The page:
10. 10.

    Mold/Mukwaya from UNECA come to a different, more upbeat conclusion with CGE modelling (based on GTAP 9), but this remains largely conditional on the very small increase of industrial output in the region, with no economies of scale (which is, however, one of the core arguments in NEG). Their research is nonetheless insightful as to likely sectoral consequences of large integration schemes (Mold and Mukwaya 2016).

  11. 11.

    South Africa’s position vis-à-vis the TFTA was already contradictory—to an extent necessarily so. Scholwin tries to portray the South African stance as applied developmental regionalism, although his evidence on the perceptions of South African officials points to deep-seated reluctance to liberalize trade in goods and, in particular, in services. In this sense the actual course of TFTA negotiations was a good predictor of what is likely to happen for the CFTA (Scholvin 2018).

  12. 12.

    South Africa later signed with four other countries at the regular AU summit in Nouakchott on 1 July 2018. Significantly, Nigeria and Tanzania signed the agreement with further delay—the same two countries which blocked the West and East African Economic Partnership Agreement with the EU, not without good reason (see Part III).

  13. 13.

    The definition of green goods can be based on OECD and subsequent UNIDO work (Cantore and Cheng 2018; Steenblik 2005).

  14. 14.

    In Part III, we come back to the issue and discuss why too low requirements of RoO for South–North trade are not developmental, either.

  15. 15.

    Some observers expected a kind of reverse domino effect with Brexit, with more member countries lured into independence from ‘Brussels’. Despite centrifugal tendencies in the EU which increased for other reasons, this kind of reverse domino effects appear unlikely. It is not even sure whether the Brexit process will undermine international confidence in deep regional integration, as the values of a common market become more obvious when a single member state negotiates its departure.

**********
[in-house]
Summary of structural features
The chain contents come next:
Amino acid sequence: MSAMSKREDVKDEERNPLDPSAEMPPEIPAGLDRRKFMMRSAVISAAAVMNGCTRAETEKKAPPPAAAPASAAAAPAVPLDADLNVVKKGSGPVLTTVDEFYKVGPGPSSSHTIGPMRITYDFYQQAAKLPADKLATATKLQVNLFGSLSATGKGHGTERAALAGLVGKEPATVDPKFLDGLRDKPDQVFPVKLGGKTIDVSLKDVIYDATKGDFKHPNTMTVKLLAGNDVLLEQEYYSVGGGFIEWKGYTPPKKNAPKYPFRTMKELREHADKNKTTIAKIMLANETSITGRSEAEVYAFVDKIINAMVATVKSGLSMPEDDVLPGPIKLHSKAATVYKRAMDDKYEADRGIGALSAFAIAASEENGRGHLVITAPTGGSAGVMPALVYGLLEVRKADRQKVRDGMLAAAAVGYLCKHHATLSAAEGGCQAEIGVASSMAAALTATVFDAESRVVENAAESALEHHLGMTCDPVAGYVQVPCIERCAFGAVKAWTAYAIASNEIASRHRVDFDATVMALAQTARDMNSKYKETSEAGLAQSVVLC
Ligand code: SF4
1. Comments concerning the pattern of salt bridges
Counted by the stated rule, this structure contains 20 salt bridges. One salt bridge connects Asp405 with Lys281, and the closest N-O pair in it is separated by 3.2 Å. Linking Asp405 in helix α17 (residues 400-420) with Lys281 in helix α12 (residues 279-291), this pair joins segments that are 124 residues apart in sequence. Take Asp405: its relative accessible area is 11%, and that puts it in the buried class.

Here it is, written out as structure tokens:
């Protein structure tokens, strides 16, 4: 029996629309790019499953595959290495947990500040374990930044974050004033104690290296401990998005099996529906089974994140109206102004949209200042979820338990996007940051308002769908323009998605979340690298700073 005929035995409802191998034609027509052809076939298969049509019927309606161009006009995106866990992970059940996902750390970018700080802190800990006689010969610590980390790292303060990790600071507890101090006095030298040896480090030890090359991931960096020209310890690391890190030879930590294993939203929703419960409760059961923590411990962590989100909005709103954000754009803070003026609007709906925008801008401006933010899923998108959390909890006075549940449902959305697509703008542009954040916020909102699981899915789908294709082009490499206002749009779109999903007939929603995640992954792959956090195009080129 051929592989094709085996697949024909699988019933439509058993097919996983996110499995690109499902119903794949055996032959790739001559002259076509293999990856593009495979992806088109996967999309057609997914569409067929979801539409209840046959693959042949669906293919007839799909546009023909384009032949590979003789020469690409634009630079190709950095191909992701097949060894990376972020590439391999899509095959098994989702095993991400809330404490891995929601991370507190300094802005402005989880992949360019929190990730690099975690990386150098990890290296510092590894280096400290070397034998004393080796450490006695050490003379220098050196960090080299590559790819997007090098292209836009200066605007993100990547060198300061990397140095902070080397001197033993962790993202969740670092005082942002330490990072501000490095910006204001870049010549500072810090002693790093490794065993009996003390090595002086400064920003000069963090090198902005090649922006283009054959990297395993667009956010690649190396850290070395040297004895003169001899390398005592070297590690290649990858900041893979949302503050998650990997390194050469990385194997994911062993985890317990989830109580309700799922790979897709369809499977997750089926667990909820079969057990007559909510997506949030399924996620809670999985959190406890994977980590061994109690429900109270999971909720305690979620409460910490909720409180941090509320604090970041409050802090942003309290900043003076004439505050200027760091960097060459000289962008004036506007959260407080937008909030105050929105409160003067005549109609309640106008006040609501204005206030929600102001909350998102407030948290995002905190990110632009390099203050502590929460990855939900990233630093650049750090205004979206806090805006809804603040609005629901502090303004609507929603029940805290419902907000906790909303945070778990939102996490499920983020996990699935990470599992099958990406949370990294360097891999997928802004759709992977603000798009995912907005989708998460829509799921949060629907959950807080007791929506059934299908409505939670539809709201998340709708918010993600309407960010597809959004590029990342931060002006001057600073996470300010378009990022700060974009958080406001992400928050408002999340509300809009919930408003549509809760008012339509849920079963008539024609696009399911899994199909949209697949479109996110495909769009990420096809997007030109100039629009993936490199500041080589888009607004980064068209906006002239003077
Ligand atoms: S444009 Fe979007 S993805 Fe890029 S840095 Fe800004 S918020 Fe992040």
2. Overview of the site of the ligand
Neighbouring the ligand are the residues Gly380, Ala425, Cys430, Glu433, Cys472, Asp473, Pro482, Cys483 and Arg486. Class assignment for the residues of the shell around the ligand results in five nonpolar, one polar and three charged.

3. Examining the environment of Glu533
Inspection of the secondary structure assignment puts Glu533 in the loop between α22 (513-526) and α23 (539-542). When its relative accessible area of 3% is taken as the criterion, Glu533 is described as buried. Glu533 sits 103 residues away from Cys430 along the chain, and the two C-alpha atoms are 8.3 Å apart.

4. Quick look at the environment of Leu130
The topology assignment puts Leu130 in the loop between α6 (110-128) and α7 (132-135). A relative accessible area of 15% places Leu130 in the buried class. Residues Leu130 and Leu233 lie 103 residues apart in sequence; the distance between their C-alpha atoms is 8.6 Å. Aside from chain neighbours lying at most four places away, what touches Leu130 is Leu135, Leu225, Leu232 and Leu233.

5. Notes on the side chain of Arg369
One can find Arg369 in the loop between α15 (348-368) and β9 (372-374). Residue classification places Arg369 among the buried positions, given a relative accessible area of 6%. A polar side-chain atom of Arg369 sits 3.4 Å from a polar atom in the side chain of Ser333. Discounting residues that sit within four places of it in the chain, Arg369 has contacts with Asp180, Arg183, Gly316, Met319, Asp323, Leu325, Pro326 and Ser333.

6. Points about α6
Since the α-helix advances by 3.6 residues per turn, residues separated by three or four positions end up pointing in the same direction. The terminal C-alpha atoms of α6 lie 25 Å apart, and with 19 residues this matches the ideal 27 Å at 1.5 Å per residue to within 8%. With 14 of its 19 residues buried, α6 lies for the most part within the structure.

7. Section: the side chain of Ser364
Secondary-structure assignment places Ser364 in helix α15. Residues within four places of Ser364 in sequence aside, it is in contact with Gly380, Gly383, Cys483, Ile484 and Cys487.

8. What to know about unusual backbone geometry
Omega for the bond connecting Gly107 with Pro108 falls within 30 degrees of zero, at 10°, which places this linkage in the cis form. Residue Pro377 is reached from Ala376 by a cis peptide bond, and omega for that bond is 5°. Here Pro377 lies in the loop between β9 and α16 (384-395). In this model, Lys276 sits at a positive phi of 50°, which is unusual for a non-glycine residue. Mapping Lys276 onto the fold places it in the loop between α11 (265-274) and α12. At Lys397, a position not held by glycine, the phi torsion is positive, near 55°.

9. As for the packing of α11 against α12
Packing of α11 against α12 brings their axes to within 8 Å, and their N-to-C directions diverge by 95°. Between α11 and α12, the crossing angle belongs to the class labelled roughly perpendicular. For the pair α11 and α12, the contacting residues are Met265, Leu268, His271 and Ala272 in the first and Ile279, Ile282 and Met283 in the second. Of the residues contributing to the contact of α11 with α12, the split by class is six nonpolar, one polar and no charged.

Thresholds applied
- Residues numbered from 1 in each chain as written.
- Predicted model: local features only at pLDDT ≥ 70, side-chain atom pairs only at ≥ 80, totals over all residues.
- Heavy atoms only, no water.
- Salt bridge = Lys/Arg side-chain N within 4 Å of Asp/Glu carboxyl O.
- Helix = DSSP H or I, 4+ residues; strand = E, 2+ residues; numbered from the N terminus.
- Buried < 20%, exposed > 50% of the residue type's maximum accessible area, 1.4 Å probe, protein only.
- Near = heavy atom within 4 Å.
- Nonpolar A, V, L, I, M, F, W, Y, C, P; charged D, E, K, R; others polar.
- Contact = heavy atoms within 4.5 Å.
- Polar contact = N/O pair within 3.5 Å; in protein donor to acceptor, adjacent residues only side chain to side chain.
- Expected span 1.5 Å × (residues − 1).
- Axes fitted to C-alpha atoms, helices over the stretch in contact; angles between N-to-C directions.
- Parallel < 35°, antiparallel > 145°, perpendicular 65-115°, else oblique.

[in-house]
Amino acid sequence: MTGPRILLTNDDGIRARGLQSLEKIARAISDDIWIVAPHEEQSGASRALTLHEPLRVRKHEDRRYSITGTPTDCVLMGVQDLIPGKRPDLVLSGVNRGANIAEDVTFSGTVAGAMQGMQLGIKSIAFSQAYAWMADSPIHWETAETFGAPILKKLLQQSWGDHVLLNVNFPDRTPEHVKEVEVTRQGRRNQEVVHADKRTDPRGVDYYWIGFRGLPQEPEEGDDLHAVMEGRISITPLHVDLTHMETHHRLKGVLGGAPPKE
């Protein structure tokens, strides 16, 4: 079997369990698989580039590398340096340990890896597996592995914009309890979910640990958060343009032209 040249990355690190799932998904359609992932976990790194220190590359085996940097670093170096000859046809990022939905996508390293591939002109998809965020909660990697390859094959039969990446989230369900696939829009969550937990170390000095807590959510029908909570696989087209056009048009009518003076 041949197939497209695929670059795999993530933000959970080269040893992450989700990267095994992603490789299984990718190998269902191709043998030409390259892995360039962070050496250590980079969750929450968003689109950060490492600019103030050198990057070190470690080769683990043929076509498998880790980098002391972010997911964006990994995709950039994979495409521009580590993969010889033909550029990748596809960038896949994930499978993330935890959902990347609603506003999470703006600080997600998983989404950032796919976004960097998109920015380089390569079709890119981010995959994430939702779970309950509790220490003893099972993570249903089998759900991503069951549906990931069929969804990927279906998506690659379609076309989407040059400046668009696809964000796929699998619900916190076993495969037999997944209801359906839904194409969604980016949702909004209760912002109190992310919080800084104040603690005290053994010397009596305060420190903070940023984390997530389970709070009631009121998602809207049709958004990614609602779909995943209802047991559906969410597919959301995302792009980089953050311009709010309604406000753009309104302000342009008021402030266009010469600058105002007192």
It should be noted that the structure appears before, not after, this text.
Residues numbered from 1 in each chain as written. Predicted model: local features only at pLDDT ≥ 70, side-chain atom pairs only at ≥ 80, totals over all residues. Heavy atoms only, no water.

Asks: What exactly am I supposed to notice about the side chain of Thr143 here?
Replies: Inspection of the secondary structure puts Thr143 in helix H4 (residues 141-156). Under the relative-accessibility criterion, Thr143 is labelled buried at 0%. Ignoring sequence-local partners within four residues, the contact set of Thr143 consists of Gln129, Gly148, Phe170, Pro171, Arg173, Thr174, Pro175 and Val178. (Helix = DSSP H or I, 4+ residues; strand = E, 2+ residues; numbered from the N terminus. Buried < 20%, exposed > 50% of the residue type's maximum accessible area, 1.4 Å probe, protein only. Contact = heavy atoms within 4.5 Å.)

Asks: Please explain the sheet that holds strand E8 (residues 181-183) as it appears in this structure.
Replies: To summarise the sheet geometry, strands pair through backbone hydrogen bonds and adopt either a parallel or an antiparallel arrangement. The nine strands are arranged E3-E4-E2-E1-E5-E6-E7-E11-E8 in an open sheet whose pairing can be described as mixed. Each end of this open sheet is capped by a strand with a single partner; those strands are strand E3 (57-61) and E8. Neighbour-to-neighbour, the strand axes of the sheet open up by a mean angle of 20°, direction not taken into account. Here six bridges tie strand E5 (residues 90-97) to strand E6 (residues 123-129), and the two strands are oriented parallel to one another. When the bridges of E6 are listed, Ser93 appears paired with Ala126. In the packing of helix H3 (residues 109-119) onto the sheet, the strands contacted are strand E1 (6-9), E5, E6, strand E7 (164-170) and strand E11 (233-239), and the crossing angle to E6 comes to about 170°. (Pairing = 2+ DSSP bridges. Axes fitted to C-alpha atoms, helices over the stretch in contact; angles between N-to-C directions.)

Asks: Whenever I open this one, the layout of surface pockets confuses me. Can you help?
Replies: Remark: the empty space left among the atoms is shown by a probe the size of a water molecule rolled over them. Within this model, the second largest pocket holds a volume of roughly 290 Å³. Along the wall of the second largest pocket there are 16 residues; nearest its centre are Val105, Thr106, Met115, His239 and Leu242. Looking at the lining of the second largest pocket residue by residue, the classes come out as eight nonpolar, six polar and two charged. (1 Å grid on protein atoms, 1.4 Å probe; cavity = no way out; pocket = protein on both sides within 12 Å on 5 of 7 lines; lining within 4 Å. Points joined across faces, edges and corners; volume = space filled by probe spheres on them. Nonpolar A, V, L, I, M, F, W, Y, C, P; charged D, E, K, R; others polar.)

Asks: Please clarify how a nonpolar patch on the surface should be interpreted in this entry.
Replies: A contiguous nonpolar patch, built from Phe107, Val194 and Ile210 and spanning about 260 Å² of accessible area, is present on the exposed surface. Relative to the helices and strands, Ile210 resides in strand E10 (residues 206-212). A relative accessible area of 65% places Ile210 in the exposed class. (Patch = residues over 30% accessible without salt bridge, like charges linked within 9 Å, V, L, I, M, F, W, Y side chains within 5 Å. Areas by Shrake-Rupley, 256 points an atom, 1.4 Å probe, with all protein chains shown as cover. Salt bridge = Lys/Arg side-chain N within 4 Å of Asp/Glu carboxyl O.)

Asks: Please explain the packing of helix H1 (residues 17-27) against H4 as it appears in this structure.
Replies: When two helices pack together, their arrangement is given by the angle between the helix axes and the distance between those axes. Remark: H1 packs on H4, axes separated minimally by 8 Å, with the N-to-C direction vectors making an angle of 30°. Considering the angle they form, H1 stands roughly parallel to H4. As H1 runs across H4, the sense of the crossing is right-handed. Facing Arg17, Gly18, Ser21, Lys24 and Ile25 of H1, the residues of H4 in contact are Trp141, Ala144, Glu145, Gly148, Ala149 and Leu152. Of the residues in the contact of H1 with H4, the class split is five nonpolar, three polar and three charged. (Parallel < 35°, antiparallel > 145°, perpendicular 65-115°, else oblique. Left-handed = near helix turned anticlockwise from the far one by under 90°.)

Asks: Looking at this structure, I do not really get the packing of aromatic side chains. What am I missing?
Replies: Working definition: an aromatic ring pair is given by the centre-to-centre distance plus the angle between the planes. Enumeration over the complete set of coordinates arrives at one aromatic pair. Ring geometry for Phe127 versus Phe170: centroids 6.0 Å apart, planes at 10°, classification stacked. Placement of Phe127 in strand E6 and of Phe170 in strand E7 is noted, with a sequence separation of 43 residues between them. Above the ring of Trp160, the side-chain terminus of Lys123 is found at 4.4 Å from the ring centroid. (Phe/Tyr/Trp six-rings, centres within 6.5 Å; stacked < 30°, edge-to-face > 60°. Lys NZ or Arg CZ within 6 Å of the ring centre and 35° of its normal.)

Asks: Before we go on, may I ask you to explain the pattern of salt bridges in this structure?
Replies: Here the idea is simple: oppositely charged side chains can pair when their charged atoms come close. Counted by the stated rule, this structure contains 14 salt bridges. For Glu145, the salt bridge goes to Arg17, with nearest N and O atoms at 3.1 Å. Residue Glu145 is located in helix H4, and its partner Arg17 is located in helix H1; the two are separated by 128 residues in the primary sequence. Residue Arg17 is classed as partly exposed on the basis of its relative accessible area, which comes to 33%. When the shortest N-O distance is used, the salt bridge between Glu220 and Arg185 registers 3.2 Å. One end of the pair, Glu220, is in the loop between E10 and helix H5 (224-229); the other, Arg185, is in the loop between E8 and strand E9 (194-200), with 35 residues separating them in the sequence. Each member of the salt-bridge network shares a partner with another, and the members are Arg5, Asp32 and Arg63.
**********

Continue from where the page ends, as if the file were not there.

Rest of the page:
16. 16.

    It definitely does not yet work out this way in Southern and Central Africa.

  17. 17.

    The term ‘variable geometry’ is sometimes erroneously applied to the situation in East and West Africa, where would-be customs unions deal differently with a proposed bi-regional trade agreement—in this case with the EU—with some members signing individually and others not. It is a misnomer in this case. Variable geometry cannot exist with regard to an essential issue which defines the whole REC at its given stage, as the think tank SEATINI has also criticized.

  18. 18.

    Apart from the fact that customs unions, common markets, etc., do not at all build on border measures alone but on behind- and between-the-borders policy as well.

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Correspondence to Helmut Asche .

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Asche, H. (2021). On the African Continental Free Trade Area. In: Regional Integration, Trade and Industry in Africa. Advances in African Economic, Social and Political Development. Springer, Cham.